Many parents take the time to help their children learn to read and improve their literacy skills. It's an enjoyable activity and one that adults are generally confident about. Reading is something that most people are able to do with reasonable competence, so it's easy to pass that onto kids.
When it comes to maths, however, it's often a different story. A lot of people have more of an aversion to numbers, doubting their ability and fearing teaching their children bad habits. The effect of this is that there's a discrepancy in kids' abilities with numeracy and literacy, which can hold them back later in life.
Luckily, teaching your children some basic number skills is nothing to be afraid of. It can be easy and even a lot of fun if you try some of these ideas.
A lot of kids love to play at being shopkeepers, and this is an excellent way to help them get to grips with numbers. All you need is a toy cash register and some play money and you're good to go. Not only does this teach kids basic adding and subtracting, but it's done in a setting that mimics real-world mathematical interactions. That begins the process of arming them with skills they'll need as adults.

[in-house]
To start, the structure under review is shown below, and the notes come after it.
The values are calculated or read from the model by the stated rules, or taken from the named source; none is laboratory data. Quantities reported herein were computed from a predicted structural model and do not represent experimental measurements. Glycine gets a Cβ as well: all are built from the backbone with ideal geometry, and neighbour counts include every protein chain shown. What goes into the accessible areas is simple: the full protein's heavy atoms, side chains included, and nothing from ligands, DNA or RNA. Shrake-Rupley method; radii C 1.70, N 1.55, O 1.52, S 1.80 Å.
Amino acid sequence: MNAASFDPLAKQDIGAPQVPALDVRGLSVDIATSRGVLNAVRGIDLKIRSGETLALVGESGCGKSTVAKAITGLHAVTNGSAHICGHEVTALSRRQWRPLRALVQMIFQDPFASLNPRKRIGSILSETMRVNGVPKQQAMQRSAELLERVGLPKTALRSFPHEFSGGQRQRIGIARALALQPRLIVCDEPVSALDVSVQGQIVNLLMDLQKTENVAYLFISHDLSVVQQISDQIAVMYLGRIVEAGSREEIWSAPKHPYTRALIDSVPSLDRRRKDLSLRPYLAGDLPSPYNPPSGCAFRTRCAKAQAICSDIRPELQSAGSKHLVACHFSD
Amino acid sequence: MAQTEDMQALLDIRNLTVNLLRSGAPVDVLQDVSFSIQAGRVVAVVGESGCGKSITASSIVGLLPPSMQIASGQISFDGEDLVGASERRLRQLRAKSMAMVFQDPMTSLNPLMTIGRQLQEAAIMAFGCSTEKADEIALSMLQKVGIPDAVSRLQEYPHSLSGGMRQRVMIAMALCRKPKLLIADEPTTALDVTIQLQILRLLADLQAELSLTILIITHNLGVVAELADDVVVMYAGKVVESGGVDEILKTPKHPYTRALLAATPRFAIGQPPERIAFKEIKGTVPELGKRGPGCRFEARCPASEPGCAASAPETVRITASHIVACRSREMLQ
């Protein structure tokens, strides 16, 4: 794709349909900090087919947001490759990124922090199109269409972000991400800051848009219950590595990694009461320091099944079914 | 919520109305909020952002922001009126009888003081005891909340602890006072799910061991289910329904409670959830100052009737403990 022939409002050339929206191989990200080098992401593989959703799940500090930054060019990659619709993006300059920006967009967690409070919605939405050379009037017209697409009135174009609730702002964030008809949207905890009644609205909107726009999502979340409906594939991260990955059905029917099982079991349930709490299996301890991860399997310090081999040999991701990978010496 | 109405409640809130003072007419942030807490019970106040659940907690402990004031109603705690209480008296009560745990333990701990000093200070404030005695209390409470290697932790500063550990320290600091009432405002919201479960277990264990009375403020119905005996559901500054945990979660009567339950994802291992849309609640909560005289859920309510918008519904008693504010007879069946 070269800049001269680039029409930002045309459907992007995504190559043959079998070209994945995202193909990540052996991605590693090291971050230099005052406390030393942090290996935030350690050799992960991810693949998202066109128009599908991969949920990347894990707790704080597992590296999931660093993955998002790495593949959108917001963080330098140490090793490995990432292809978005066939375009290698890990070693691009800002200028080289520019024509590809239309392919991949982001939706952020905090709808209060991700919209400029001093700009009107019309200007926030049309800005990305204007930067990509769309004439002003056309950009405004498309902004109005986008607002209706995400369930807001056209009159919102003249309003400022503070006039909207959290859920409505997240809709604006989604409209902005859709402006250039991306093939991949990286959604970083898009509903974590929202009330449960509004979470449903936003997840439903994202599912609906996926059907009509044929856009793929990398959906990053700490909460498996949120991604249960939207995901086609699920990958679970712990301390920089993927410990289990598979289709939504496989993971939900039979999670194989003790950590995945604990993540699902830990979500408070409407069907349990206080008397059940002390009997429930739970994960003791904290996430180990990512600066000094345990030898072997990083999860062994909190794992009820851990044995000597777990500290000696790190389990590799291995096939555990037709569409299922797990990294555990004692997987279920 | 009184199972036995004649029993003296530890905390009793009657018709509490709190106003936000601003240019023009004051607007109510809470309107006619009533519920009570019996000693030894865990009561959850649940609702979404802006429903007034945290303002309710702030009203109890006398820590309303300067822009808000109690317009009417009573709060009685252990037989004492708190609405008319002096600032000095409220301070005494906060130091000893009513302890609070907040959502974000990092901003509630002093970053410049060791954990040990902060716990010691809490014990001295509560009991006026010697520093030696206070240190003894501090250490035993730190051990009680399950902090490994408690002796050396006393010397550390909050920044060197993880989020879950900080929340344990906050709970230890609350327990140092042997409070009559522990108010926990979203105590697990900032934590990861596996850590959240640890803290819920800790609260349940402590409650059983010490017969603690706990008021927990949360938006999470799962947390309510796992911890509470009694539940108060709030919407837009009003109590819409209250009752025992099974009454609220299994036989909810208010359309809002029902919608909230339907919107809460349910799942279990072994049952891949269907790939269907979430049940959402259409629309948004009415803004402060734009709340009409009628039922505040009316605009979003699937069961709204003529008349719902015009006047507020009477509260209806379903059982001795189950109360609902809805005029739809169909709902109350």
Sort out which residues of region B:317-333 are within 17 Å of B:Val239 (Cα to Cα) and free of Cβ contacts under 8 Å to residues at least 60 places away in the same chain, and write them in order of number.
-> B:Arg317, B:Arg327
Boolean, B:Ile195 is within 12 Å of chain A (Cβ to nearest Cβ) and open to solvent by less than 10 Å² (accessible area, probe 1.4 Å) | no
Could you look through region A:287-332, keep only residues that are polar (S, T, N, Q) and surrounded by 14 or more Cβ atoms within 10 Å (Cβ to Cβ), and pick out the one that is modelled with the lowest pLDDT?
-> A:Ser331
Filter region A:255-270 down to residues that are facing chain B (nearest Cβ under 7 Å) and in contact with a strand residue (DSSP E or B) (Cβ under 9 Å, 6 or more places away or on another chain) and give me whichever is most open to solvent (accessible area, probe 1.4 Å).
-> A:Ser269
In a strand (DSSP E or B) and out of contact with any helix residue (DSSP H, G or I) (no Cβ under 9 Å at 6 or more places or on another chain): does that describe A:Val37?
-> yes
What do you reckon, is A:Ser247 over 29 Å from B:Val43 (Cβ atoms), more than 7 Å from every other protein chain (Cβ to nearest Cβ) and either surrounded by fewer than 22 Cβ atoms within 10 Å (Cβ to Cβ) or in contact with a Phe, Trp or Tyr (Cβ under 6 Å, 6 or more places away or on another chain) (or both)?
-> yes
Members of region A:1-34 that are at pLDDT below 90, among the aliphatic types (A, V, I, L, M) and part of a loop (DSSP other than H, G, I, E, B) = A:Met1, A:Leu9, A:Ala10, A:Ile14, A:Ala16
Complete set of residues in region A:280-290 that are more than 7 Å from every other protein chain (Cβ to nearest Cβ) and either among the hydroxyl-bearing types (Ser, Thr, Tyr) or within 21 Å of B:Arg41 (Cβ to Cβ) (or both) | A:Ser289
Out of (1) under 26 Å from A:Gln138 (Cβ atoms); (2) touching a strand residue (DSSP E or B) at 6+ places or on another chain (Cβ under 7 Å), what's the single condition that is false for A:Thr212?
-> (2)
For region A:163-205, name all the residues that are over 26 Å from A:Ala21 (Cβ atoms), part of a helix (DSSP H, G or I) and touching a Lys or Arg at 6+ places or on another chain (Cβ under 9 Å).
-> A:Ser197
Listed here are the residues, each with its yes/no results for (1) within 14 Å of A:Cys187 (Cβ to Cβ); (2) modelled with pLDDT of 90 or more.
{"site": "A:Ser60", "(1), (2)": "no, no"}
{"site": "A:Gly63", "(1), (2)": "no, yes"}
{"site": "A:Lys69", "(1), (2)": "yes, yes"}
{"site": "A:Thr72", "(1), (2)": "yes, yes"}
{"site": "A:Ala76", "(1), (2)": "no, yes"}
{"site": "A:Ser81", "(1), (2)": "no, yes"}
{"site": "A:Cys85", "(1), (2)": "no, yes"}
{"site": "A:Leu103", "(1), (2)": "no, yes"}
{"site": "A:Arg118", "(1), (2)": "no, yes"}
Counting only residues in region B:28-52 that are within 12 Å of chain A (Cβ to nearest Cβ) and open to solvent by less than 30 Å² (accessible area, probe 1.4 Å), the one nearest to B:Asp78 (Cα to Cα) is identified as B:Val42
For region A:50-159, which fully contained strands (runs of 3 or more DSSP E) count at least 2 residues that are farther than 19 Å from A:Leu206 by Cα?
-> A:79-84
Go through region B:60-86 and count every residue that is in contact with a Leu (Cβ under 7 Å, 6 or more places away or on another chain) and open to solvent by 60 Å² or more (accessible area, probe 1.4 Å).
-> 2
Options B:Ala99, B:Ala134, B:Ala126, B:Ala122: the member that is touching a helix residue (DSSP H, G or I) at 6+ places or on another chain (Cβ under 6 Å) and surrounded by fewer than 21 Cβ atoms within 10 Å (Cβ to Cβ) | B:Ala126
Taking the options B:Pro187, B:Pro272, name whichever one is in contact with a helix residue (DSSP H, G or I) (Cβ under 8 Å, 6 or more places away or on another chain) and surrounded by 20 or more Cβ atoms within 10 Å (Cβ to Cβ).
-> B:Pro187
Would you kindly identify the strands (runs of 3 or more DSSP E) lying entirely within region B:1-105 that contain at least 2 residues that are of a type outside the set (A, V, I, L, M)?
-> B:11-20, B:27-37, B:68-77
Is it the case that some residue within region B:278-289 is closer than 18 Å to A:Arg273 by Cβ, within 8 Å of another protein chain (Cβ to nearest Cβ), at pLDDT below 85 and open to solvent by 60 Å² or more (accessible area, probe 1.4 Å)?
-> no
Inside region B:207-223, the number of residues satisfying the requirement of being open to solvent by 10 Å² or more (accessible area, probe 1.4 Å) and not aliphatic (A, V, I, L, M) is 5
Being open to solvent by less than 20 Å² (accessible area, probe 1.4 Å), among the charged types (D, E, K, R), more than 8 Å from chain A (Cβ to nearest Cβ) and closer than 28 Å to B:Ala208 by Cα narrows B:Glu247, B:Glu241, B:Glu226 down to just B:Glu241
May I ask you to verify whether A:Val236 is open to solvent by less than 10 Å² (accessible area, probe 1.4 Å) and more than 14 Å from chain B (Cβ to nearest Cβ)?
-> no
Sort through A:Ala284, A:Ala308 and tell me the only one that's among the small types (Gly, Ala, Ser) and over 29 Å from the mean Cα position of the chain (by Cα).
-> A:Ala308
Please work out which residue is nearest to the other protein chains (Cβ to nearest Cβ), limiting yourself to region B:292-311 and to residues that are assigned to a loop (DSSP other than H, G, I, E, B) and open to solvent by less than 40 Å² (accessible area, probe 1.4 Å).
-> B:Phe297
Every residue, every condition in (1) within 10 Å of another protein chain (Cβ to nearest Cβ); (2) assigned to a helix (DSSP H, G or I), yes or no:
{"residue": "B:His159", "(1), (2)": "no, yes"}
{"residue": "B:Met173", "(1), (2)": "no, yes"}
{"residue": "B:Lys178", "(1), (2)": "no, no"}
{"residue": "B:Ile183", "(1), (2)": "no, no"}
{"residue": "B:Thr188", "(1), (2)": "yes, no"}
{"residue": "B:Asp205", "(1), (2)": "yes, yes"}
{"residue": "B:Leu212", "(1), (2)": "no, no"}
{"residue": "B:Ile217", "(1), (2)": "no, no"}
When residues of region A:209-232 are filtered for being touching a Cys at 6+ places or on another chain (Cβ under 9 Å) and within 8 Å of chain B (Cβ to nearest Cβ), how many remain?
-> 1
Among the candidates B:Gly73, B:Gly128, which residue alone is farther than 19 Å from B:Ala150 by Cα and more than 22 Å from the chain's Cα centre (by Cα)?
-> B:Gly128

Try some simple counting games
When you're at home, you can ask your child simple questions, such as, "How many windows are there in our house?" or "How many birds can you see outside?" Children love to show off their counting skills, and practice makes them improve rapidly. You can take this further by buying some small toys, putting a selection in front of the child and asking them to count how many there are. Then, take some away and ask them to work out or count how many are left.
Sing a song
Songs like "Five Little Monkeys" and "There Were Ten in the Bed" have been used to help children learn to count for a long time. There are dozens more if you look for them, and it brings a lot of fun to learning by using music.
Make it a part of your day
Everywhere you go, there are things to count and ways to practice numeracy skills. Ask your child to help you work out money in shops, count people on the bus or items in supermarkets, and involve them in anything you need to do that involves counting.
For more ways to help your child practice their number skills, talk to educators like Jenny's Kindergarten.